In anticipation of our Dreamer issue, which launches later this month, we’re celebrating those in the Asian American community whose stories of success have stood apart from the rest to form new paths for their generation. Among those group of outliers are Jenny Bui, 17, Elaine Truong, 20, and Michelle Le, 20, of Antoinette’s Boutique, an e-commerce site that carries handmade, vintage-inspired jewelry, pretty hair bows, and whimsical stationery. Since Antoinette’s Boutique launched in August 2011, it has been featured in Seventeen, Teen Vogue, Audrey, Carbon, Pasadena Star News, and Urban Explorer Blog, among others. What makes Antoinette’s Boutique different from other jewelry e-commerce is that everything is recycled jewelry, including the stationery.
“Elaine and I met at a journalism class in high school. I was really interested in fashion and was a cartoonist for my school newspaper, but it wasn’t until after she graduated that we got together and created Antoinette’s Boutique,” Bui says.

Bui and Truong met Le about a year ago and decided to bring her on board for her business and finance expertise. So how does a trio of high school teenagers launch a successful e-commerce? Bui, Truong, and Le are precocious for their age, juggling school work with growing a business. Bui, who is currently a senior in high school, keeps herself busy with college applications and SATs prep classes. On the other hand, Truong and Le are juniors in college; Truong studies materials engineering at UCLA, while Fong studies business administration at UC Irvine. Still, the three business partners find time for each other and for their business.

“I don’t really have a social life,” Bui confesses. “I find myself crouching at my desk, working on college applications. I love working. I have so much fun doing it that it doesn’t feel like work.”

Truong manages the web site, social media initiatives, and customer service, as well as leads nonprofit partnerships and key collaborations with bloggers and YouTubers. Bui is primarily responsible for publicity and is also the creator of the jewelry, hair bows, stationery, and greeting cards sold on the site.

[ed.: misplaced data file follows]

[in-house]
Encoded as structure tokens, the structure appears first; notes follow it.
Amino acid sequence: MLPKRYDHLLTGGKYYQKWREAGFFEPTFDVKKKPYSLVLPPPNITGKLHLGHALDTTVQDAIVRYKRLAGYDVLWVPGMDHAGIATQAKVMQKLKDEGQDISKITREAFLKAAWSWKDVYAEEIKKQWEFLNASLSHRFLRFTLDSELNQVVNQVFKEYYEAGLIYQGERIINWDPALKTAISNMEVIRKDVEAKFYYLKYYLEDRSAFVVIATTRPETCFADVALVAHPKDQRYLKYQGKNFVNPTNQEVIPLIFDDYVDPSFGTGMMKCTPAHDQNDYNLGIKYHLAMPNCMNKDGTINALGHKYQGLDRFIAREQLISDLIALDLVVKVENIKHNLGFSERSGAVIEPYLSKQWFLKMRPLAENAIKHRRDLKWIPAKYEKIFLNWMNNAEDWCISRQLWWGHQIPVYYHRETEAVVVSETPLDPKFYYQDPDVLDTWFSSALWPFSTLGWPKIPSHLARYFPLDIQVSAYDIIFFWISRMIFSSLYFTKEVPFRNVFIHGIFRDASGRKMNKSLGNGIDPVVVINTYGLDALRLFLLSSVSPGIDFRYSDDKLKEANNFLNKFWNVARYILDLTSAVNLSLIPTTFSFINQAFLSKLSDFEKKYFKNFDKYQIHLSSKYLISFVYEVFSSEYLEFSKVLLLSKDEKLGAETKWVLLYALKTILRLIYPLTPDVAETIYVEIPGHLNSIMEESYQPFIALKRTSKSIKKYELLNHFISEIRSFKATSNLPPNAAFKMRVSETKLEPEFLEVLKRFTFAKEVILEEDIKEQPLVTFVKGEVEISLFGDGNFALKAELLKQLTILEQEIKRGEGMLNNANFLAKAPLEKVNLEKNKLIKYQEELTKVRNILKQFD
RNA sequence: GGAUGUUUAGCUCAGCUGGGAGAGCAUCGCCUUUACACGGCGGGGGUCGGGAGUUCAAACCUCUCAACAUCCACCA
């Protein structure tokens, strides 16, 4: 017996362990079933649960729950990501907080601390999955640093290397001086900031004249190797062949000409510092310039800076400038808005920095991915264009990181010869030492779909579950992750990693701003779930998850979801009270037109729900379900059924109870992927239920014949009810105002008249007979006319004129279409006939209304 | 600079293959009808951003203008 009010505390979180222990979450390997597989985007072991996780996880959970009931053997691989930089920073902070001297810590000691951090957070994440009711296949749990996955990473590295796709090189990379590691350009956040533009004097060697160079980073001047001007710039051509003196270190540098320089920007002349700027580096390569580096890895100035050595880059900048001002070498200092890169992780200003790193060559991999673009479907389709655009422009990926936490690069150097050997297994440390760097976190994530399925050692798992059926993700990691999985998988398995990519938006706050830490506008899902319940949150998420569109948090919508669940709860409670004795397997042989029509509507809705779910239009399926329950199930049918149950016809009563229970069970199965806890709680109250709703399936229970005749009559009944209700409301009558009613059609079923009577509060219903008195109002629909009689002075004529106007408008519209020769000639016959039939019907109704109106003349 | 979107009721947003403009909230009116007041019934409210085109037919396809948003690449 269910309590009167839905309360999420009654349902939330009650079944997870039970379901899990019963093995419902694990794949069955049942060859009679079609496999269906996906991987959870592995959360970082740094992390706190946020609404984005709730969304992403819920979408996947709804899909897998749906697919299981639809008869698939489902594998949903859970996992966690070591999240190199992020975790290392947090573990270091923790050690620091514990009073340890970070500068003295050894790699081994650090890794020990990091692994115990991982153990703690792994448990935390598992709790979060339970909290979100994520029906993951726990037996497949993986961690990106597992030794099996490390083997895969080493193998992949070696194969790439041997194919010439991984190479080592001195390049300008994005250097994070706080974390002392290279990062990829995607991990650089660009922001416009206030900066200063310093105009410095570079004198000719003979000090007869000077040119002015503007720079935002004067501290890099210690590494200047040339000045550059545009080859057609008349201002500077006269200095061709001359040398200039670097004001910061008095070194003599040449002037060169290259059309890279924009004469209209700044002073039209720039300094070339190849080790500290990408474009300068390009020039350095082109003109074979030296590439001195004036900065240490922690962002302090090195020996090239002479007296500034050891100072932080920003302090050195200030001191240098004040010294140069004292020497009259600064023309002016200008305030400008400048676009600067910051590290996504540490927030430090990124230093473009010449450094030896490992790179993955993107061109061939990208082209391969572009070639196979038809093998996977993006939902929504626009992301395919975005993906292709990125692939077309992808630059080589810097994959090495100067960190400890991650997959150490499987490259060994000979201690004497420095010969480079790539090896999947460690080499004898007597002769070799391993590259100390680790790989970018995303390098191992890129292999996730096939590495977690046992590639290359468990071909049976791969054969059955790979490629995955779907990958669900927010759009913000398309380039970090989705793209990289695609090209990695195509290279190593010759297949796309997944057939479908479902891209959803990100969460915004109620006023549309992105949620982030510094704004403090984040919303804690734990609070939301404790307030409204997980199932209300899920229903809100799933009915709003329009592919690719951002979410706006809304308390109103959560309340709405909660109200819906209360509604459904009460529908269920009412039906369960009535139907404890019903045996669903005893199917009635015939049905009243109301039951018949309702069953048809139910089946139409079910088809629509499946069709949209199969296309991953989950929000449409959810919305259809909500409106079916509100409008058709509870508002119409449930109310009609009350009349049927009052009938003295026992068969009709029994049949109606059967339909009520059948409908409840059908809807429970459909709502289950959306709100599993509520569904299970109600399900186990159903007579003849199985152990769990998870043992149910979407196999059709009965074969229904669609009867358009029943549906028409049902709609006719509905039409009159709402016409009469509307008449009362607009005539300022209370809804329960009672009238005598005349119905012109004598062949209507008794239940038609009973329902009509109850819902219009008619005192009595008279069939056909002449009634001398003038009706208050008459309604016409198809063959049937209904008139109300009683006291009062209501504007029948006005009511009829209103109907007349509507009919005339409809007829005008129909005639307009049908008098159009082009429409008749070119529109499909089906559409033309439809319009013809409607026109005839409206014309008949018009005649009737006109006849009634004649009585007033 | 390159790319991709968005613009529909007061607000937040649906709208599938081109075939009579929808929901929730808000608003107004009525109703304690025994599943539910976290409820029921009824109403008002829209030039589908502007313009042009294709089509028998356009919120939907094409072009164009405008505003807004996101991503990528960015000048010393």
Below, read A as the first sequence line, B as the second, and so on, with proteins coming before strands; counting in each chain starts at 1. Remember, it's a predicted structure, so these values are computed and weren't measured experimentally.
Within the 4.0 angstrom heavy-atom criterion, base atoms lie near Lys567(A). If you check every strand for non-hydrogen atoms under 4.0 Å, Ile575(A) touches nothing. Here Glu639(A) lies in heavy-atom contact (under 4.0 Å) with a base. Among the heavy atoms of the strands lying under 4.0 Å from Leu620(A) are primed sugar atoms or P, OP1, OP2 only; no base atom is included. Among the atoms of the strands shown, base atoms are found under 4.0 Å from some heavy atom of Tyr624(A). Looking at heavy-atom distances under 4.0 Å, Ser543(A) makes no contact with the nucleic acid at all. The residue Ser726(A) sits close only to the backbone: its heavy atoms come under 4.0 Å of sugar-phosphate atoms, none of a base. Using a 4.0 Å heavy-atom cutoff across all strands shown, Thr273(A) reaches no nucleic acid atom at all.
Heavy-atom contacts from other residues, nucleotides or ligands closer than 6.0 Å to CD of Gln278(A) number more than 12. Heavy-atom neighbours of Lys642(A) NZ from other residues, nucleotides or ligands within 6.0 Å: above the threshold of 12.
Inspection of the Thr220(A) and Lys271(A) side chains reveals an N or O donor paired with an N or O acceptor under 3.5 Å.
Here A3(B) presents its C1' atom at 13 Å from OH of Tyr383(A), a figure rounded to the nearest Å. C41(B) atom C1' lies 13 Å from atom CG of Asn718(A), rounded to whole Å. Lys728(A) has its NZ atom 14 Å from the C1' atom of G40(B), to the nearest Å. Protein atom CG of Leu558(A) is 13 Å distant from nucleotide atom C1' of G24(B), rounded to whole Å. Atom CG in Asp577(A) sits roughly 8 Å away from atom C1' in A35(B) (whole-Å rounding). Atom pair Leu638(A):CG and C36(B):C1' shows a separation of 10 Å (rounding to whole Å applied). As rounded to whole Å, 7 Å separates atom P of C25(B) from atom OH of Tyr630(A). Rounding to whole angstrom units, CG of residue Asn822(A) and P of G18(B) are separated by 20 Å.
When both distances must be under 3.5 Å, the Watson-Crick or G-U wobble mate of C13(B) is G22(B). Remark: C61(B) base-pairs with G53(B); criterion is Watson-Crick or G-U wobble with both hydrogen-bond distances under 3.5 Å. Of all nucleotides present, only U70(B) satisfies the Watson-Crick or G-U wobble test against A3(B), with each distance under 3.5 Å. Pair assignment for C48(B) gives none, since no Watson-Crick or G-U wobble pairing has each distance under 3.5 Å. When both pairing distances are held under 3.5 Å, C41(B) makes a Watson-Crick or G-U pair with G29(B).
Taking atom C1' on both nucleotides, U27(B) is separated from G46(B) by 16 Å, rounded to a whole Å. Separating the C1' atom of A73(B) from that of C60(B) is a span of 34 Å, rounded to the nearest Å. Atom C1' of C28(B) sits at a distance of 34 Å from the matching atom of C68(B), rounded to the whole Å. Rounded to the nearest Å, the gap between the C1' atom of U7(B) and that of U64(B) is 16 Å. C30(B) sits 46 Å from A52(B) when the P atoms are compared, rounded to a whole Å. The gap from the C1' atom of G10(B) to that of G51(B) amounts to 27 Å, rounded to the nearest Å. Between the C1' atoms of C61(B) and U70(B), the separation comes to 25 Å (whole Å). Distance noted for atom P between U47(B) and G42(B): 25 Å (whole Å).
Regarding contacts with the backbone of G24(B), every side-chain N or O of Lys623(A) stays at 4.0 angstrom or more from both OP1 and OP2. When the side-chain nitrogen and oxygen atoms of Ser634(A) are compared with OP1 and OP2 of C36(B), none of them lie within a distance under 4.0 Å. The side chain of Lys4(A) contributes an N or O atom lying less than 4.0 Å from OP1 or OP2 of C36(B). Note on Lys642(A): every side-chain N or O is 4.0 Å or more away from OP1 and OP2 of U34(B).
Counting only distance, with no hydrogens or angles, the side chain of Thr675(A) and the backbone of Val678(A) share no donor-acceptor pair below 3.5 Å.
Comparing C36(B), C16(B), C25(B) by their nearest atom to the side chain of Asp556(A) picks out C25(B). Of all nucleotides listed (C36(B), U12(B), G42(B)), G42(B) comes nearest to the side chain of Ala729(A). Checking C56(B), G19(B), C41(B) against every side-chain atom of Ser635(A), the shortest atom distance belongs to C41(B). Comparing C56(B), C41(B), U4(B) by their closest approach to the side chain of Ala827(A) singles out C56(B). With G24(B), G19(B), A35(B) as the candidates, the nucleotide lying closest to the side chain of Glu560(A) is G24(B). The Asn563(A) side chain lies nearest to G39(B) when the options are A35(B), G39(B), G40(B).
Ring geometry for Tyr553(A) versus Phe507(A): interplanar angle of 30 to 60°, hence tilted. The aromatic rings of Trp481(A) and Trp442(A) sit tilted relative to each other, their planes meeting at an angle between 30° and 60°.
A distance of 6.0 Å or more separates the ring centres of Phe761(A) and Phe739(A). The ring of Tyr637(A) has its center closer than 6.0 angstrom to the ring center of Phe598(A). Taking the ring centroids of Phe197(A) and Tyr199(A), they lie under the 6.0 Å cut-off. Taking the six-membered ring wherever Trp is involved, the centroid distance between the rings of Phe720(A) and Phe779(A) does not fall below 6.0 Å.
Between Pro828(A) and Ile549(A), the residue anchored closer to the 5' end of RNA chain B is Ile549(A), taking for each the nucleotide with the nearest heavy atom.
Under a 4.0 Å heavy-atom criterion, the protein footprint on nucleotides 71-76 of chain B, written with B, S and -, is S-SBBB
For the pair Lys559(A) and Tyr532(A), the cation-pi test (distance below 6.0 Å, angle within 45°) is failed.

“Our biggest challenge isn’t about making time for business, though. It’s the distance between the three of us. Elaine is based in northern LA; I live in east LA and Michelle is in Irvine. We communicate constantly through email every day, but we try to meet in person at least once a month to regroup,” Bui says. “We design path that we can do on our own time. We have chat meetings.”

When they are together, the trio brainstorms and plans their next collection, as well as work on collaborations and partnerships with other bloggers and nonprofit organizations. Antoinette’s Boutique recently partnered with charities like Beads Amigas and Promote Africa to create a jewelry collection and donate 100% of the proceeds. Despite their individual tastes–Elaine is preppy, Michelle is a tomboy, and Jenny is edgy–the girls are able to work together to create a cohesive collection.

And while Bui, Truong, and Le have found success early in their careers; they don’t claim to know all the answers. “We are still learning how to build web sites and learn the skills we need to make things happen,” Bui enthuses.

But first and foremost, Bui says the girls are friends before business partners. When they have meetings, something goes off like a switch and they understand where they are coming from. Bui says they have never had a conflict.

So what’s next for the girls of Antoinette’s Boutique? They hope to launch a mentoring program for young entrepreneurs abroad. And, they would like to collaborate with local designers and nonprofits. Your can follow Antoinette’s Boutique on Facebook, Instagram, Pinterest, and YouTube.

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